Now that the bag's packed, I'm away for awhile; I have left posts but may not comment.


A woman I know told me she packed 9 bathing suits for a week at a resort!!! Plus various sundresses and I can only imagine how many shoes/sandals.
I make a game of how little I can actually travel with. A carry-on only for 2 weeks in Barbados and I still bring home at least 1 thing that I never wore. I recently purchased an under-seat carry-on - the smallest I could find - that is all I will bring for my next 2 week sojourn in Barbados. Lest you think I am some sort of travel magician I will disclose that I use compression packing cubes and hand-wash my things while down there.

Laura J said…
Enjoyed this post! Have a good time on your travels. May there be silks and pearls and if chilly cashmere,!
Roberta said…
I've gotten the clothes part down to a true minimum. One short trips I sleep in the t-shirt I wore that day, for example, but I can't seem to do the same with skin and hair care! Sunblock, face wash, moisturizers (face and body), deodorant, eyedrops, hair care, Chapstick, etc. Even with wee bottles and sample sizes and using the hotel products, I'm sure my cosmetics weigh more than my clothes. And I always forget something and end up buying it wherever I am. This is actually kind of fun sometimes, I can look back on the Danish shampoo, and the Montreal hairbrush. But boo to having a carry-on bag mostly full of product.
royleen said…
I am with you and Patti. No one notices what you are wearing anyway, as long as you are true to yourself.
sensitive poet said…
Joseph Ribkoff (a Canadian designer) rocks for travel! He uses a polyester fabric that drapes like liquid silk, but washes like...polyester. It even has give (useful when you are feasting on special meals while travelling) and if you want to dress speedily, there are pull-on pants and skirts that are both elegant and comfortable. His clothes can be either rolled (my preference) or folded (the folds steam out very quickly), and they range from casual to formal. You'll feel appropriately dressed, whatever the occasion.
Sensitive, unfortunately I don't personally like Ribkoff. It is practical and well-made, but I find the prints garish. And no longer see any reason for pull-on trousers now that jeans incorporate a quite a bit of lycra. But that is just my taste; I tend to favour natural fibres when possible (I do have poly gym shorts and leggings to wear under skirts when cycling, and obviously undergarments that incorporate synthetics) and prefer rather plain clothing. À chacun son goût...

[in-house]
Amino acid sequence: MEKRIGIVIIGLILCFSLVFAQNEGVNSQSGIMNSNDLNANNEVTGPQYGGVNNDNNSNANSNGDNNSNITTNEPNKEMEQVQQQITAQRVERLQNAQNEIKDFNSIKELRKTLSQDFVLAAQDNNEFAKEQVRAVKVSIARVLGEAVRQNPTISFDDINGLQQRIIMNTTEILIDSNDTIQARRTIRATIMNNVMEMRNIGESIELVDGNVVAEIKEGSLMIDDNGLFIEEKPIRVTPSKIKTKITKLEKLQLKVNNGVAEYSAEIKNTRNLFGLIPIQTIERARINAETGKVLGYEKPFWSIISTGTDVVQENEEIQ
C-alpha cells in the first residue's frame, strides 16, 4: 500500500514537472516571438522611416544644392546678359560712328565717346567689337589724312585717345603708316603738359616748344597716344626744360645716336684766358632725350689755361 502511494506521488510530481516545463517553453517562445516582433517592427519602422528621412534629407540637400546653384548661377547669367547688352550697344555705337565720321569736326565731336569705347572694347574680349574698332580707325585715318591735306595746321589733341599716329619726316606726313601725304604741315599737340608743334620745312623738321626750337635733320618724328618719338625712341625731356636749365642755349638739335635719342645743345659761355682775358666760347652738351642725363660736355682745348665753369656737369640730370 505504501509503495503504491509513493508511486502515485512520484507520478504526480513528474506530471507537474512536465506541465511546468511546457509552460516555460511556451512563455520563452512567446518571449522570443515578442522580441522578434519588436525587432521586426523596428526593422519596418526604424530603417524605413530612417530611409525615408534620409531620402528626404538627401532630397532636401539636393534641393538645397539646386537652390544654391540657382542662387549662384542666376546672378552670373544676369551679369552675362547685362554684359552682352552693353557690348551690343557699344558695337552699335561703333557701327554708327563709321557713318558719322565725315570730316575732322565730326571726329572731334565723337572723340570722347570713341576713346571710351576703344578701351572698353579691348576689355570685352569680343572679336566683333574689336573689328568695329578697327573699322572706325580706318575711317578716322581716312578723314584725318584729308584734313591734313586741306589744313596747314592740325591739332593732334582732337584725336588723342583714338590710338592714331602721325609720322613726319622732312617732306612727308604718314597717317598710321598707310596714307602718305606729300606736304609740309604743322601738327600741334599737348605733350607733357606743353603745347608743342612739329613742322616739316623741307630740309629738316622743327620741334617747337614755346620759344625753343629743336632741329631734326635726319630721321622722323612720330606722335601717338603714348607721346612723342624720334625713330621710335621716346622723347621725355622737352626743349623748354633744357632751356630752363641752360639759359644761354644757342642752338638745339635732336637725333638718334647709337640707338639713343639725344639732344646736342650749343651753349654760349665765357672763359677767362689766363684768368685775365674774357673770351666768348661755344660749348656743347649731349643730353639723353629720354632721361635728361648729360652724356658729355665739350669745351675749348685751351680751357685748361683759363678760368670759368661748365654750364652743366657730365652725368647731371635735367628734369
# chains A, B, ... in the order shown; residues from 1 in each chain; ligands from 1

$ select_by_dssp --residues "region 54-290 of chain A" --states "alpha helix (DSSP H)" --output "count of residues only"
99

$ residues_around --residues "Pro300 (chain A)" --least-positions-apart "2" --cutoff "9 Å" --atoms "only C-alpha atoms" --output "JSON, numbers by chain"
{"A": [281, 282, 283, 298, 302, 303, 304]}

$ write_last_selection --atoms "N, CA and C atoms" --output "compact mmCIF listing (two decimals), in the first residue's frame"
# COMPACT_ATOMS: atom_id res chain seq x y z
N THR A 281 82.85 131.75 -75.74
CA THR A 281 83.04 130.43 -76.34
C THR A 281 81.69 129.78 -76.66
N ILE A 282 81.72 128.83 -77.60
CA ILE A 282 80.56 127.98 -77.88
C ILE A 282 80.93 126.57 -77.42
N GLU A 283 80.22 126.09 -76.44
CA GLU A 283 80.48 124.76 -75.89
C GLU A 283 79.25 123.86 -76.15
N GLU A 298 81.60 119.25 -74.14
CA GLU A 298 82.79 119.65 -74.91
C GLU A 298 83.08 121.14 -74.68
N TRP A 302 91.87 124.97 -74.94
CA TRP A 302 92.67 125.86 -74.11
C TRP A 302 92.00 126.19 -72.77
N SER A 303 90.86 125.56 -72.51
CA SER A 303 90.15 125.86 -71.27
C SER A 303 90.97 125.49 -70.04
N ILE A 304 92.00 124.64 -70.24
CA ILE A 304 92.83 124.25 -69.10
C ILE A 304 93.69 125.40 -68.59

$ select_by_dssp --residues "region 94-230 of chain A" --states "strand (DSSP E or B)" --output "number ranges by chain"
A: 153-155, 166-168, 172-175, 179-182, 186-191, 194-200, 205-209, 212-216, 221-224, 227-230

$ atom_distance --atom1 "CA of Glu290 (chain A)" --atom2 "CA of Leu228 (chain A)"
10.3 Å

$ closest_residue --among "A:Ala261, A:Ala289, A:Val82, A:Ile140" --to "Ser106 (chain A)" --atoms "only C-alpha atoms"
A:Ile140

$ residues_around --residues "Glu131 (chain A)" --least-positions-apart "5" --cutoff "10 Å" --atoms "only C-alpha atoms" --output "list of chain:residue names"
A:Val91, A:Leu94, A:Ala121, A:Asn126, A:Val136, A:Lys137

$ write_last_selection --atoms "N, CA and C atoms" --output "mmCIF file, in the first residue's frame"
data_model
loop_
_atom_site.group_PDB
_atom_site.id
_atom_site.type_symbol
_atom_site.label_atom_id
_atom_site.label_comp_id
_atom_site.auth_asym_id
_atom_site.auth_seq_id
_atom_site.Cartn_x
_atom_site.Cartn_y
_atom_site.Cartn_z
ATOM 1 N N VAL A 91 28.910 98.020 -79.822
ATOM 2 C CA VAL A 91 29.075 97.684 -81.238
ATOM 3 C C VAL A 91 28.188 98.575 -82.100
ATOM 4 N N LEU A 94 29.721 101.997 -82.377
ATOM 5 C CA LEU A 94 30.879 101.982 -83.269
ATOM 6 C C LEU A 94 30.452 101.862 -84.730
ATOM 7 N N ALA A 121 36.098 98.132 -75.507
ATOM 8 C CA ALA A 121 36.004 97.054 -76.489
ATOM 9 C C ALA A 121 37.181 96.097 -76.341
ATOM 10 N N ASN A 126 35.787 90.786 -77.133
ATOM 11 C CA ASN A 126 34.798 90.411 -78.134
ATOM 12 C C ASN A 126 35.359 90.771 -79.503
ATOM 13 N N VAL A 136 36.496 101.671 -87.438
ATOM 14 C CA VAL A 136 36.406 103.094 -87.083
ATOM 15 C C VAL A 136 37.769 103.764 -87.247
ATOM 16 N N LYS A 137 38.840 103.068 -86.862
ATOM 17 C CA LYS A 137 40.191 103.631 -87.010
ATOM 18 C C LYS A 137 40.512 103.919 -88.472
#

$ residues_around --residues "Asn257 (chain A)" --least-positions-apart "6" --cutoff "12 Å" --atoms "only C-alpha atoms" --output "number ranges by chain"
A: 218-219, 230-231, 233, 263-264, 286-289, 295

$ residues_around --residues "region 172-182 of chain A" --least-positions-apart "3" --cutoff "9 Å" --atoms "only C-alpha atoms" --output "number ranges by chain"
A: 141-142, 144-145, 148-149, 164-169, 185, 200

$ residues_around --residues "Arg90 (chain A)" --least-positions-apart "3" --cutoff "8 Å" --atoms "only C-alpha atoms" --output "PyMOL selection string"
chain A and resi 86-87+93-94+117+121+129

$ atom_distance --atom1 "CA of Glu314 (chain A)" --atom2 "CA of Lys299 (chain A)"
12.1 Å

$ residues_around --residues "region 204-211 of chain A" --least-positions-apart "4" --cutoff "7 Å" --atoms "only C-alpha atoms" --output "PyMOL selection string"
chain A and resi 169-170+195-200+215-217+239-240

They have a dedicated shop on rue St-Hubert in Montréal, between métros Beaubien and Jean-Talon:
sensitive poet said…
Dear Lagatta,
I suddenly realized after reading your comment, that Ribkoff designs have a split personality! One side belongs more to the mistresses of Russian oligarchs or perhaps even the secret mistress(es) of an American president with orange hair, who espouses antediluvian views on women. The patterns, colours and cuts are, as you pointed out correctly, garish.
The other side belongs to the rest of us working stiffs who need clothing that is professional-looking and well-cut - perhaps even with a bit of swing and drape and fluidity. But not in garish colours or designs...sensible blues and blacks and ivories, perhaps with a conservative design or two.
I do stand by my comment that they travel, wash and wear like a dream.
While I'm on the subject of Canadian designers, does anyone else like Robert Kitchen?
materfamilias said…
This style of packing resonates strongly with me, and I've never thought of it as Launchpad or of starting with the single outfit and building outwards to maintain that "bien dans ma peau" vibe.. . Very useful to have it conceptualized this way. For me, it's always helpful to remember that variety of dress is not an obligation (so many of our cultural messages say otherwise) -- particularly when travelling such that repetition isn't so subversive ;-) That's amplified by Patti Smith's observation about dressing the way we want at our age.
Bon voyage!